Last but not least, Control-Shift-Esc should bring up your Task Manager. Under the Processes tab click CPU twice, that should sort the list of your running processes by CPU usage. If all is well there, System Idle Process should be taking 95% or more of your CPU. You can do the same for Mem Usage to see what apps are using a large amount of memory.

As you have done a fresh install of Windows have you also re-installed all the Motherboard, Video and Sound drivers accordingly?
The standard Windows video driver does not allow for Hardware Accelleration which is what usually leads to jerky playback in Media Player.
Also is this an SP1 or SP2 version of Home that you re-installed?.
IDE Hard Disk also utilise drivers if they are capable of 133 instead of standard ATAPI(80) considering your small RAM size you may well have been using alot of Virtual Memory previously and relied on the faster disk access protocol to keep things looking smooth.

Since it worked faster before the re-install:
Did you do a clean reinstall from an XP CD, or was it a Restore install (often from a XP copy on a hidden partition)?

Many machines now come without any actual XP CD, just a restore one. And that restores it to the factory original state, including all the pre-installed ‘trial’ versions of junky software. And that crapware can really slow down your machine.

It was installed over the previous version from a CD. Same directory.

If you didn’t empty the directory first, you have nothing resembling a clean reinstall. You’ll probably have to do it again, deleting the Windows directory first.

Quick format, reinstall, windows update for drivers and junk (or driver CD’s if you have them lying around). Isn’t this fun?

No. This is how I spent my weekend. In fact, I was going to write a Pit thread about the lousy tech support people I spent the weekend with. I ended up hanging up on one guy, as he was a complete moron who needed to consult with his mentor every time I imparted new information.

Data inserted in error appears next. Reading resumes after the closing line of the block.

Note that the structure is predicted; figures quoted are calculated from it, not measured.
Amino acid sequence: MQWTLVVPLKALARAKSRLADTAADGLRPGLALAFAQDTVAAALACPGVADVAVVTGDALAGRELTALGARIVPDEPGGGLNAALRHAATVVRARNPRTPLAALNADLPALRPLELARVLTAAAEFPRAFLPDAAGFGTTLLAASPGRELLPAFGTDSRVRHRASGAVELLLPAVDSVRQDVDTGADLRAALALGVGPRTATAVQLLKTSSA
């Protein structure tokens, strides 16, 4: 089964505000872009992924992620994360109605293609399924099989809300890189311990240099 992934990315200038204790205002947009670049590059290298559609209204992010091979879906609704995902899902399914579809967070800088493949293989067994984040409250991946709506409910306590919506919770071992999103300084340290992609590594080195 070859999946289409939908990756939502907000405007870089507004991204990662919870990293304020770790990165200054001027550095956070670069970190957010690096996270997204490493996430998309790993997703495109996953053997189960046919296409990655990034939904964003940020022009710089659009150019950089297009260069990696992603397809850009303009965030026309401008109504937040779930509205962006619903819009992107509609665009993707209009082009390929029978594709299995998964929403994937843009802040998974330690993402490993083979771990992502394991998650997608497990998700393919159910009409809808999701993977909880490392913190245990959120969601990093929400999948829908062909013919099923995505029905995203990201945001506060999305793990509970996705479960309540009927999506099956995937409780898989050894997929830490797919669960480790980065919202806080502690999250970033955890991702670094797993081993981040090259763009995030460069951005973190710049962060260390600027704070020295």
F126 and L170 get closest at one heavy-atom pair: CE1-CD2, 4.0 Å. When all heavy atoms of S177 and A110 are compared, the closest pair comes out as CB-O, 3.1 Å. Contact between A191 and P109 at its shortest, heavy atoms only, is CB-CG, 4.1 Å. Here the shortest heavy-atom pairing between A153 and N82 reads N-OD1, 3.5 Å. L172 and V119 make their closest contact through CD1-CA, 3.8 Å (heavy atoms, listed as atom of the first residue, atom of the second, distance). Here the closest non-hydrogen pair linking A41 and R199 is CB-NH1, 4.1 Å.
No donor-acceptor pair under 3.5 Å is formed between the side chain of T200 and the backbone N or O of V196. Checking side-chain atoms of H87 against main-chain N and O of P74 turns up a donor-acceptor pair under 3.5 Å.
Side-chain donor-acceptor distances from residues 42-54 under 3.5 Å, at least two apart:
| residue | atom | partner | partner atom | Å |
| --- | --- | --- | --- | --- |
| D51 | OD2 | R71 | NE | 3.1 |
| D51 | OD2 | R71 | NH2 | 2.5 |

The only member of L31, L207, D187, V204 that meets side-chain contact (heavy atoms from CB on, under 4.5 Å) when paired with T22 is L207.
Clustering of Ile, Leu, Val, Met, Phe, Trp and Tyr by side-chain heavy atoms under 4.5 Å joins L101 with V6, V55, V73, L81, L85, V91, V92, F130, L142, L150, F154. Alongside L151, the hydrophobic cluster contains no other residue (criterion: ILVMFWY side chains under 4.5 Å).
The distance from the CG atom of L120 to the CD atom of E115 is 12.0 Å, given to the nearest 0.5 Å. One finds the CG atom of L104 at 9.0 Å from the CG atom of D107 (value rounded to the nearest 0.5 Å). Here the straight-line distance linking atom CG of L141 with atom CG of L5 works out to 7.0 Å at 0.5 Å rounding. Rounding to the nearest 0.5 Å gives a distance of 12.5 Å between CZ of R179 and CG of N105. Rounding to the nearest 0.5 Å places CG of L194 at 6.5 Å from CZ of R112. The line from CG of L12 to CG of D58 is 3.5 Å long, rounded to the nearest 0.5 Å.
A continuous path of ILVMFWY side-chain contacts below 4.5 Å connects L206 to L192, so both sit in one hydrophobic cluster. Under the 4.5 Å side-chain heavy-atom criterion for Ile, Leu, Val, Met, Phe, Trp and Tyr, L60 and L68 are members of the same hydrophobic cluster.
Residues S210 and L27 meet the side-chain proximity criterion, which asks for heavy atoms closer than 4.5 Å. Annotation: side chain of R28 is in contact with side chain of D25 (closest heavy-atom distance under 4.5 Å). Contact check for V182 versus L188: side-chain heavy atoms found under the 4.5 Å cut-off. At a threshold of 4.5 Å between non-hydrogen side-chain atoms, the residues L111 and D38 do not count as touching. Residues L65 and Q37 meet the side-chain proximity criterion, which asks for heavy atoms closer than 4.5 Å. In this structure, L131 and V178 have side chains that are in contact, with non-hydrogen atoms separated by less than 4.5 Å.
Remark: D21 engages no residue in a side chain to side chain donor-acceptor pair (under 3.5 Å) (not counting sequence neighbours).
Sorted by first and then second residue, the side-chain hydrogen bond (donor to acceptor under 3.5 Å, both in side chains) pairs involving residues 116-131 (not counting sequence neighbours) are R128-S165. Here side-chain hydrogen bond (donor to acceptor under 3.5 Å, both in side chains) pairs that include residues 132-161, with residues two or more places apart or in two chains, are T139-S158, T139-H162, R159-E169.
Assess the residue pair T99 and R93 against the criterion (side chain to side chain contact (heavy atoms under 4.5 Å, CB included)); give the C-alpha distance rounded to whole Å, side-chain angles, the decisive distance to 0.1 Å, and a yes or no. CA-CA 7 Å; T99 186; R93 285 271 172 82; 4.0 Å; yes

Him: “Sir, you need to get an IP address from the computer manufacturer.”

Me: “That doesn’t sound right. Besides, they’re out of business.”

Him: “You need to call them.”

Me: “You’re a moron. Shouldn’t we actually install the driver?”

Him: “Yes. Shut down Windows and look to see if there’s an IP address on your hard drive.*”

Me: “How is that going to install the driver?”

Him: “You need to call the computer manufacturer and ask them for an IP address.”

Me: “I’m pretty sure they’re still out of business. Hey, here’s an idea, let’s try installing the driver. Ya think that might help?”

Him: “Sure, let’s do that. Unplug the wires from your hard drive and try to see if there’s an IP address on your TV thingy. If not, you need to call the computer manufacturer so they can mail one to you.”

Me: “I’m going to hunt you down and hurt you.”

*Yes, everyone I spoke to at Comcast referred to the tower as a hard drive.

Was that Comcast tech support? If you want to go straight to the source, I might be able to use some connections.

This conversation makes me feel stabby. Sorry for your frustration. I have a hammer somewhere around here I can lend you if nothing else works.

This sounds suspiciously like the call I first had with Sprint Customer Service upon receiving my phone.

Him: “I can’t activate your phone. That phone id has been activated and is already in service.”

Me: “I just unwrapped it, new, from the package.”

Him: “You need to call the store you bought it from to have them activate it.”

Me: “I tried that, but you picked up the phone. I bought it on

Him: “You need to take it back to the store you bought it from.”

Me: :rolleyes:

You could try tidying up dead entries in the device manager - as detailed in post #3 of this thread: